Deep Crust model shines new light on Queensland mineralisation

31 May 2022

Roughly 600,000 sq km of Queensland’s deep crust has been modelled as part of a collaborative project that aims to equip the state’s resource explorers with information to help focus their efforts.

W.H. Bryan Mining and Geology Research Centre (BRC) Principal Research Fellow Associate Professor Karen Connors teamed up with Geological Survey of Queensland (GSQ) geoscientists Dominic Brown and Janelle Simpson to produce the new interpretation of the 2974 line kilometre of deep crustal seismic data, which stretches from Birdsville to Camooweal and across to Georgetown.

The project was accomplished through integrated interpretation of the seismic data with a wide range of geological datasets, and supported by geophysical modelling. Additional isotopic dating was provided by Geoscience Australia.

“The work involved going along the top of each seismic line and detailing all the outcrop geology, where the major structures are, and integrating data from a variety of sources that are all in their own format,” Associate Professor Connors said.

Ultimately, the team aimed to increase the understanding of the controls on mineralisation in Queensland, and therefore support the efforts of explorers in the state.

“There are a number of deep crustal seismic lines that image the entire thickness of the crust, down to roughly 50–60km depth, and while many of these lines had some interpretation, there hasn’t been a consistent, regional interpretation including all of these lines,” Associate Professor Connors said.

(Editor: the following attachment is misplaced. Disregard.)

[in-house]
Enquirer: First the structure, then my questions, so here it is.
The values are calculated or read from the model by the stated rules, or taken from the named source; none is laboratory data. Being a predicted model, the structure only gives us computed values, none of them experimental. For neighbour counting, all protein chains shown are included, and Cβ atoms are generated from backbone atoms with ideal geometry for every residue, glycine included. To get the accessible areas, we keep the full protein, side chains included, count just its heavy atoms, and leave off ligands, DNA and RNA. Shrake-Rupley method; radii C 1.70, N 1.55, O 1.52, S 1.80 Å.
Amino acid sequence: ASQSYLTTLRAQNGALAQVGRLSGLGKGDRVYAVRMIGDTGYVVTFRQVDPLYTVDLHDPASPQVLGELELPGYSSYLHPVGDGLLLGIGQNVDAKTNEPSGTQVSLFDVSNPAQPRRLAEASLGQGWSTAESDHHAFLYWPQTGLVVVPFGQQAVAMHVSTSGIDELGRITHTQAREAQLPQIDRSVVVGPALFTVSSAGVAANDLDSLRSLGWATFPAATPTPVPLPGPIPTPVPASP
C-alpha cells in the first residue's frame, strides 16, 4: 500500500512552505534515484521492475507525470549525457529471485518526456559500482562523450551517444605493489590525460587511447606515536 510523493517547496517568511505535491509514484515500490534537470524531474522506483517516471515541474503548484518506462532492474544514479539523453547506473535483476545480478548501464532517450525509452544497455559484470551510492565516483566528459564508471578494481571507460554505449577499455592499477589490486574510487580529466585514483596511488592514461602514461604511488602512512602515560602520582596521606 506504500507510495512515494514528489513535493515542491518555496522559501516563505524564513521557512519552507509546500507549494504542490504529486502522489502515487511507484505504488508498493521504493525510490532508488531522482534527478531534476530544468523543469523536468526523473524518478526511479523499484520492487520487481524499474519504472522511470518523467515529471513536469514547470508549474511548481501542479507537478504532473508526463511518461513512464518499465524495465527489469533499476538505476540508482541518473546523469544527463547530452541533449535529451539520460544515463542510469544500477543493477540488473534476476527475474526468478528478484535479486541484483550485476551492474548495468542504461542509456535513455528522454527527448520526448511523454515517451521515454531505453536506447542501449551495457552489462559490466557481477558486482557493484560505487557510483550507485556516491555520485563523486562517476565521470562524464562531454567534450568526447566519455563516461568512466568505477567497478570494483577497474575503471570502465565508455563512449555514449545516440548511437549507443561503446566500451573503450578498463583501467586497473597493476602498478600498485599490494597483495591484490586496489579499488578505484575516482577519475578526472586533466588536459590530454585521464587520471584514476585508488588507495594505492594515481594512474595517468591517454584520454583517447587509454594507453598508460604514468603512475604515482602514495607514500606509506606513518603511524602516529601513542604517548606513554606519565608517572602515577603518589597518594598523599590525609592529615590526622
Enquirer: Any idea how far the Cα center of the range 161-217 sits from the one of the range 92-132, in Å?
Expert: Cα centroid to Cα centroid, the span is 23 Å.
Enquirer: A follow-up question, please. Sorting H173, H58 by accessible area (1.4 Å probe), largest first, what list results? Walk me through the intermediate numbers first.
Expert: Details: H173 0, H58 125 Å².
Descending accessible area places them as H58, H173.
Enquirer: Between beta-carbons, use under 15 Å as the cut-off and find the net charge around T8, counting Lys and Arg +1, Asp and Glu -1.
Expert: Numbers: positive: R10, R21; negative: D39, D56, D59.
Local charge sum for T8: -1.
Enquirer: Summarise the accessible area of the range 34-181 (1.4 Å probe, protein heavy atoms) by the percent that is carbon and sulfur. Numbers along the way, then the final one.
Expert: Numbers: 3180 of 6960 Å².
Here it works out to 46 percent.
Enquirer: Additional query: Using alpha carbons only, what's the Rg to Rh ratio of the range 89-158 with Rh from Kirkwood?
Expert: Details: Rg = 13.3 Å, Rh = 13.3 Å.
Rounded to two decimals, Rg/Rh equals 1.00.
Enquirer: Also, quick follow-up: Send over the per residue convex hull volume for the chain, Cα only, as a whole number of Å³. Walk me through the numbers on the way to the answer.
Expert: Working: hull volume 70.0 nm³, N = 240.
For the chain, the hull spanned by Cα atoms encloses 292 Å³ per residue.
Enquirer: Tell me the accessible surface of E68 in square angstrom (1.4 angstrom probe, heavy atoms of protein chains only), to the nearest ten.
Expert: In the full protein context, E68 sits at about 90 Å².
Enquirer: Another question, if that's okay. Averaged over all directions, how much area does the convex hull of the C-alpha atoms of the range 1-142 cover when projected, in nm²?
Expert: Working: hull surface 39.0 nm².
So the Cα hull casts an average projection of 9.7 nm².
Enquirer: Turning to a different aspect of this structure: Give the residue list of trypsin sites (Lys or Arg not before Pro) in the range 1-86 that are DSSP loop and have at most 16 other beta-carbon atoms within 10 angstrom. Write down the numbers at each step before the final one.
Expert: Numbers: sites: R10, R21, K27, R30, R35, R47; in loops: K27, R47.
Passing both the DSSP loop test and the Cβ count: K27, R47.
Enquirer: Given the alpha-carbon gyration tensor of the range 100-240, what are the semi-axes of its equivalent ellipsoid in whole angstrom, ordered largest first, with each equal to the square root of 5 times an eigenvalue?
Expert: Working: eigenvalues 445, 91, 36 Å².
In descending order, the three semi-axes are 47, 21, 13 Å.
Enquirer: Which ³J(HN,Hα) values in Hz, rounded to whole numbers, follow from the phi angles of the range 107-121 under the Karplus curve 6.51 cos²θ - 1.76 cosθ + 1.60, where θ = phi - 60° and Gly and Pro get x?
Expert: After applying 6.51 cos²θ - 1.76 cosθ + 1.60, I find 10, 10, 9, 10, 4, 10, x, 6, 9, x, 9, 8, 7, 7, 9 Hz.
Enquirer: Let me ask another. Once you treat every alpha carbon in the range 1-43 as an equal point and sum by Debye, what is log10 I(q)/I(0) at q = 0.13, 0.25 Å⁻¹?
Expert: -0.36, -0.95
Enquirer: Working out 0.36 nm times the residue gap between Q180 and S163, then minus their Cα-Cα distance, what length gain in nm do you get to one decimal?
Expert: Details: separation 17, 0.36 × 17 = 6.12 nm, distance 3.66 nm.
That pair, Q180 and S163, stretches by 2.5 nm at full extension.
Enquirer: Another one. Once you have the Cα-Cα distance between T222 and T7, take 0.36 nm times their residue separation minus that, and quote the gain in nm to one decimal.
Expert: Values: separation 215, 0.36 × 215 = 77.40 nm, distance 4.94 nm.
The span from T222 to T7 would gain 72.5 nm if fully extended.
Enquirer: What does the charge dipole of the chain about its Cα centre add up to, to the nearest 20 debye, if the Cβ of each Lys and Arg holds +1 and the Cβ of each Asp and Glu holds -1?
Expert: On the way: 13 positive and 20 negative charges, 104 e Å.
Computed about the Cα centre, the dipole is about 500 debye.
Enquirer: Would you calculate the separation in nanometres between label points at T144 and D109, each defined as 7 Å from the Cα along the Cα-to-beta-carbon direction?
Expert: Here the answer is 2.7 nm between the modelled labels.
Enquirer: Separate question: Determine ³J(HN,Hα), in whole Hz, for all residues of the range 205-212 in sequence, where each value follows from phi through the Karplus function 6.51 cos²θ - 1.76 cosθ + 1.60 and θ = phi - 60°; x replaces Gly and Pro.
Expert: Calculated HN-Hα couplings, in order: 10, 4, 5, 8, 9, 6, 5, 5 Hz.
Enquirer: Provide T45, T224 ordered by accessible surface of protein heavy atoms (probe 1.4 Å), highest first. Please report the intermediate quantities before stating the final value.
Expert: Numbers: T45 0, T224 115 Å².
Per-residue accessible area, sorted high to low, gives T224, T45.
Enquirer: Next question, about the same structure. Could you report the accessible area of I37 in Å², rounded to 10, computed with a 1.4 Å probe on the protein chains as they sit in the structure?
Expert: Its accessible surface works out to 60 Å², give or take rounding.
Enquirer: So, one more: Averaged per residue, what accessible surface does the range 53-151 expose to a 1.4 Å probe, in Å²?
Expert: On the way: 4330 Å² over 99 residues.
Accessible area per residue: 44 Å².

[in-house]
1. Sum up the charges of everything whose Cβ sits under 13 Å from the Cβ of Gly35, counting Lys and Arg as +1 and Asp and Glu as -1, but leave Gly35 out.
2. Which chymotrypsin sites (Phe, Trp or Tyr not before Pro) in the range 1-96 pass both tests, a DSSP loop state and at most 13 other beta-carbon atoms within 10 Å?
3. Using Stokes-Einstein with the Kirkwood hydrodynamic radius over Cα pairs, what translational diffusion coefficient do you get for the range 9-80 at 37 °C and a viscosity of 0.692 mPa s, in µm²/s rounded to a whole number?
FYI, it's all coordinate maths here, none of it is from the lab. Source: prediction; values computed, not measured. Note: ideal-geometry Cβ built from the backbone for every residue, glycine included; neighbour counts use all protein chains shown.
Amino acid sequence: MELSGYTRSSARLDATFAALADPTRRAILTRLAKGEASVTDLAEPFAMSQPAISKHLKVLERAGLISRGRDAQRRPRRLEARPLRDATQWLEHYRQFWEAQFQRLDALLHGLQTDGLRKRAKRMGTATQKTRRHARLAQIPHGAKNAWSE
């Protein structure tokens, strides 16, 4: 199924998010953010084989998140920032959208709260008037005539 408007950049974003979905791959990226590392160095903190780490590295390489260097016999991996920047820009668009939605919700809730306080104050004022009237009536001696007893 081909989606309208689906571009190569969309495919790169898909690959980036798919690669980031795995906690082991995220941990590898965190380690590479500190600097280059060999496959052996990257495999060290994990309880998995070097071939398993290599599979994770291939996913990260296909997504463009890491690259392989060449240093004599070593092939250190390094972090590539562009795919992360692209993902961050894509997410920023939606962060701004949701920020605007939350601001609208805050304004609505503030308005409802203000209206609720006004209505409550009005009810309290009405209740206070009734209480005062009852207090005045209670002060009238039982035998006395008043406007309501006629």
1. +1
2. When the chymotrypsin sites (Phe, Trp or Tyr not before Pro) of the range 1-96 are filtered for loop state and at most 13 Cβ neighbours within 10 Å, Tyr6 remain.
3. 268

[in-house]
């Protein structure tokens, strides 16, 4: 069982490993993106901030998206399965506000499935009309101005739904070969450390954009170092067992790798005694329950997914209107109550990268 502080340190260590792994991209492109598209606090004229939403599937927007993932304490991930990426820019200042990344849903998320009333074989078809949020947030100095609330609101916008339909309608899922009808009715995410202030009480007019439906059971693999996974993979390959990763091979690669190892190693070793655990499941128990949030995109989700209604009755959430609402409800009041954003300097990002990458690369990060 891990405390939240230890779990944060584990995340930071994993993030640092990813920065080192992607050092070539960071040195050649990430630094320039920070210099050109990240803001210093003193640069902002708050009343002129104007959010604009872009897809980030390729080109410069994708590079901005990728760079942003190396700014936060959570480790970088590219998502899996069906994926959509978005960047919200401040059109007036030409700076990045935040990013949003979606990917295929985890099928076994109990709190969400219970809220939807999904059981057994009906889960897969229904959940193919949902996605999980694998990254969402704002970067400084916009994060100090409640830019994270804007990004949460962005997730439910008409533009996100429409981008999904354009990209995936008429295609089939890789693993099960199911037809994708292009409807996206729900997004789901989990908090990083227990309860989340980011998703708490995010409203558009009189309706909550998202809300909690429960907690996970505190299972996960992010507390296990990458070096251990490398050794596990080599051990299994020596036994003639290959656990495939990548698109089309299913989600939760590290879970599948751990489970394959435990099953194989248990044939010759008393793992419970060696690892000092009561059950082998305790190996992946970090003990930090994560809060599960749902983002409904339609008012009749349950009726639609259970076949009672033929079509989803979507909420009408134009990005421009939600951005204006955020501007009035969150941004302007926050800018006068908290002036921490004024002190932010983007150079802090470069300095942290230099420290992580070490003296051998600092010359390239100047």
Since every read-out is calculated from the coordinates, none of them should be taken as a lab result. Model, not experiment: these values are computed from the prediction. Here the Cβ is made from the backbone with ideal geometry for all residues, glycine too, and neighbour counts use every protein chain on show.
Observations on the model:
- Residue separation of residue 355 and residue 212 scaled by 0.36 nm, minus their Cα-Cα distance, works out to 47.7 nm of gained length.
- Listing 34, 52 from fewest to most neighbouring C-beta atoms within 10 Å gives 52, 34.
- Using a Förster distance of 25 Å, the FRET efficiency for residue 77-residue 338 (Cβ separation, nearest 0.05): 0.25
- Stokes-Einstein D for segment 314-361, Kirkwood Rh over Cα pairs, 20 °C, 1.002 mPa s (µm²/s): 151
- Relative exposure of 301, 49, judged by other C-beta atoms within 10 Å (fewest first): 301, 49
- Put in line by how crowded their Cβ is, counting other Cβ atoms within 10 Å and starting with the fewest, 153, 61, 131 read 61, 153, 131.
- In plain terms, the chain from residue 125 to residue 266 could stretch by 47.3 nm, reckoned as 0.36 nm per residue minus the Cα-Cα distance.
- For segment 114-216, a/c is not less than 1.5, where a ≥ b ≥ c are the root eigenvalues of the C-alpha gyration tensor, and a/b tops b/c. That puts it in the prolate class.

“The key is getting a consistent interpretation across the seismic lines so that we understand the crustal architecture and location of the major faults, that may have acted as fluid conduits during mineralisation.

“These fluids conduits concentrate the metal-bearing fluids during transport through the crust and thereby provide a guide on where to explore for the zones in which the metal ‘dropped out’ to form a deposit.”

The results of the project have been published and are now publicly available on the Geological Survey of Queensland website.

“A lot of the companies actually exploring in Queensland are juniors, and many just don’t have the staff, money or regional expertise to do this sort of work,” Associate Professor Connors said.

“Providing a model of the crustal architecture on a regional scale, as we have in this project, can help a company with limited resources understand the region geology better and improve their chances of discovering mineralised areas.

“Companies are already using the interpretation as a first-pass assessment on what geology to expect at surface and at greater depth – it gives them more confidence to proceed.

“The feedback has all been very positive.”

The BRC-GSQ team is now collaborating on a project that aims to update the seismic interpretation of an area in North-West Queensland, which can be read about here.